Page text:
This sector is not shy about working hard. If we ran a poll to see how hard providers felt they had worked in the past year, many would testify to it being the hardest of their business lives.
Despite this, you may not have hit goals you set or felt like you haven’t quite nailed the temporary adaptions to your business. You certainly may not have achieved income goals either. And it’s likely you’ve felt a little burnt out or exhausted from all the challenges.
We think it’s therefore wise to adopt the ‘work smart, not hard’ attitude going forward.
Now, this isn’t us giving anyone a free pass to coast along over the coming months. Needless to say, we acknowledge the importance of showing determination and resilience and putting in the hours when needed. Moreover it’s to highlight the importance of leveraging your talents, your staff, partners and spending your time diligently. Businesses all have friction points, blockages in processes or poor systems as examples.
If you constantly feel like your fire-fighting in your business (and we all do from time to time) it’s a really good time to review and think about how smart you’re working. Using your time more wisely can be a game-changer.
4. Play the long game
We live in a world of instant gratification. Have a question, Google it. Hungry, order food through an app. Bored, watch Netflix on your sofa. There’s very little we cannot get access to with a click of button in the western world. The issue with this, is it creeps over into other areas of life, such as our businesses, which are less instant with results.
This isn’t to say you cannot generate income quickly – you can – but it is to say that good businesses weren’t built in a day and great businesses take even longer to develop.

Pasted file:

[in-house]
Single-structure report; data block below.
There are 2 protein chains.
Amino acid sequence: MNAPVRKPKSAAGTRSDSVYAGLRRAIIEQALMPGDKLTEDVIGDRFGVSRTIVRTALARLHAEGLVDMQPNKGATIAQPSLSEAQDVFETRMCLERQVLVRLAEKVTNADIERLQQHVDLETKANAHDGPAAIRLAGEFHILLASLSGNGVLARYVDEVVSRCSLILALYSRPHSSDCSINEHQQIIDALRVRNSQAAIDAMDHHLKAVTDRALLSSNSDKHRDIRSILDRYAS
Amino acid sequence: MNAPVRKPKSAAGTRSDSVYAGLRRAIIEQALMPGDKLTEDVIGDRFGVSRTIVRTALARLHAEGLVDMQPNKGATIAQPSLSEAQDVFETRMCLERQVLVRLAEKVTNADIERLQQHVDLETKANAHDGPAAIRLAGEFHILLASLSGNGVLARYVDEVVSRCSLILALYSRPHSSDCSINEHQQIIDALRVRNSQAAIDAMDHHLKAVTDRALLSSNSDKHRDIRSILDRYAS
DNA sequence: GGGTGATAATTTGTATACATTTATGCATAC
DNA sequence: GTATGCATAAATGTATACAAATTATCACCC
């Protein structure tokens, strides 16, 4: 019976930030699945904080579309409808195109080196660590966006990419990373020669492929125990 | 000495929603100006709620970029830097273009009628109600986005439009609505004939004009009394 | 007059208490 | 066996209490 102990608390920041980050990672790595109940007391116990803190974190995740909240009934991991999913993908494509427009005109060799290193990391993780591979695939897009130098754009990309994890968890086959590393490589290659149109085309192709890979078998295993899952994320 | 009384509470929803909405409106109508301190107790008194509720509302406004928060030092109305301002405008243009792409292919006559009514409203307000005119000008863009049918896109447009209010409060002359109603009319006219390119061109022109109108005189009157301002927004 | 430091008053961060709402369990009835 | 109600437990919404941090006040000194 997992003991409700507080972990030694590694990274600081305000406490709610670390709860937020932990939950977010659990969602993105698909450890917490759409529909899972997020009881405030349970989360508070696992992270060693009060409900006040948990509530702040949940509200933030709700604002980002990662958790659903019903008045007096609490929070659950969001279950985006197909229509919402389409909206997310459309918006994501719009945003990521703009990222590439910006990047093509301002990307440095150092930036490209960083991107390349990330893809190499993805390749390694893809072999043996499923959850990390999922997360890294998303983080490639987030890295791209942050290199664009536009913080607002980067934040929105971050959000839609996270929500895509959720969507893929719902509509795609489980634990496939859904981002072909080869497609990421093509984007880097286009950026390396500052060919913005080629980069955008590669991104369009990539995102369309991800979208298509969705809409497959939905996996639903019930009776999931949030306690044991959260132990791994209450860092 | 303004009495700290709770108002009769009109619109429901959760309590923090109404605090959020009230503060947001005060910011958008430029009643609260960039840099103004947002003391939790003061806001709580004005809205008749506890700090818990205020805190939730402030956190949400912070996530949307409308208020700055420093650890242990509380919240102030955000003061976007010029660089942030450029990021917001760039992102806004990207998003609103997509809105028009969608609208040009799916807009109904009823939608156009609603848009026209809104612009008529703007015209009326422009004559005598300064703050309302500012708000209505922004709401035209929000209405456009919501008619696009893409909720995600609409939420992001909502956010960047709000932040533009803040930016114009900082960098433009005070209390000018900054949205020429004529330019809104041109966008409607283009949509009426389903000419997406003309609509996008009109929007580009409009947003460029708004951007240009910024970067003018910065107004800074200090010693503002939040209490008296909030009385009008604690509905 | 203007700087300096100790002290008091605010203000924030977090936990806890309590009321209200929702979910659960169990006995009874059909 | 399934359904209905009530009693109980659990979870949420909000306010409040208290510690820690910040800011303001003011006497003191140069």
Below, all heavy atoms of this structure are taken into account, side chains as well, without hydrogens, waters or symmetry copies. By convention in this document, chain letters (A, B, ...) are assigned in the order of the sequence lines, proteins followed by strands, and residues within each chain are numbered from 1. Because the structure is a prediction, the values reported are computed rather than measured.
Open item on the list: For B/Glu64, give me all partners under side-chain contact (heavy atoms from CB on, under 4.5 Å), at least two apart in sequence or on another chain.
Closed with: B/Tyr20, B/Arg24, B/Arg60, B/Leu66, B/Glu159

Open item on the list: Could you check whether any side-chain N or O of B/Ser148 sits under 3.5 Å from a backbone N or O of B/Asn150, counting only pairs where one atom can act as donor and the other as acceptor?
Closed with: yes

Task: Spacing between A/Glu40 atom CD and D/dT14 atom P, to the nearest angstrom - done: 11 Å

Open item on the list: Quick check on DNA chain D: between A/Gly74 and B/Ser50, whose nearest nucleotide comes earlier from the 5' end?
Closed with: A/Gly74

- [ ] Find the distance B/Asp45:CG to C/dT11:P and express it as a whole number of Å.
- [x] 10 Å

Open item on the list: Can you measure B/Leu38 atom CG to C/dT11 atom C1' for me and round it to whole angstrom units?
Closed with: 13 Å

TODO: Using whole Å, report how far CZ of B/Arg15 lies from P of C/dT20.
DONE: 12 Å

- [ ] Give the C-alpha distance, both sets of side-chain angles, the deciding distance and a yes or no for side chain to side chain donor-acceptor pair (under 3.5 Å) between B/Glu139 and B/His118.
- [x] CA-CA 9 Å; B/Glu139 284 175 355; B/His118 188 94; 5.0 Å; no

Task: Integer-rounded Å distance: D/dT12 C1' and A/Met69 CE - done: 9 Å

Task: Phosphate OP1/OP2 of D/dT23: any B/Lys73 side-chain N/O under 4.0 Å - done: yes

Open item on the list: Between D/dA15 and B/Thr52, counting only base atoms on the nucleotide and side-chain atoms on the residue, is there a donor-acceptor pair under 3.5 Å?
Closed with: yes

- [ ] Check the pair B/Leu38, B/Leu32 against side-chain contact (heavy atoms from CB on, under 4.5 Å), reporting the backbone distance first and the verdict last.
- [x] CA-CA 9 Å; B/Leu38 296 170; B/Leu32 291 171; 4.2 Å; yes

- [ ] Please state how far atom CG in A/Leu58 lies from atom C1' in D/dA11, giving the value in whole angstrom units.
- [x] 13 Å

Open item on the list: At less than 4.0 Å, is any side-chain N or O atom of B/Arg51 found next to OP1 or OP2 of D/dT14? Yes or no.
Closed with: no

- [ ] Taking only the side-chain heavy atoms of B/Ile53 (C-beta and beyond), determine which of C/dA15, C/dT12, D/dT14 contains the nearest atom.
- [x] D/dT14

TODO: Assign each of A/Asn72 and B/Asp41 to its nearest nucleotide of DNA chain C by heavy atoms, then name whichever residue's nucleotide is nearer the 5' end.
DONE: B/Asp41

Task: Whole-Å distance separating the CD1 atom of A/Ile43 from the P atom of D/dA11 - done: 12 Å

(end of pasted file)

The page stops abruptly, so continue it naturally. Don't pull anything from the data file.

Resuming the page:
The point? It’s understandable to want to make up for lost time (and earnings) over the coming months and with demand strong this is possible, but try not to neglect bigger decisions to be made – those more strategic plays that may not always have an instant result or even a totally clear outcome.
We’re extremely fortunate to have businesses in the ICAP community that have have been around for over 30 years and others who have only just started. What unites them is the understanding that continuous improvement and commitment to learning is key to long-term success.
Try and make decisions that will develop you and your business for the long-term as well as quick wins where feasible.
Could ICAP membership be your next great decision? We think so.
5. Be the inspiration children need right now
We’ve not been short of inspiration and leadership over the past year and need to look no further than the wonderful job the NHS and many key workers have done. They’ll continue to inspire and support the health needs of the nation.
Across the children’s activity sector is not just an abundance of talented professionals, but a strong community of leaders too. In a different way, activity providers have also provided services to support both children and families and will continue to play an important part over the coming years. See our post on why the activities sector is more important now than ever before.
The trials of the pandemic may have shaken your confidence and maybe you’re questioning things more now than before. Our daily conversations with activity providers will testify to you not being alone in that thinking. However, the thing that unites the sector time and time again is the enthusiasm for what we do, alongside the knowledge that with a potential mental health crisis upon us and children’s education and wellbeing taking a knock, we must rise and serve.
Now is absolutely the time to dust yourself off and go again. Children are depending on everyone of us.
Wishing everyone the best of luck as the sector reopens over the coming weeks with face-to-face services once again.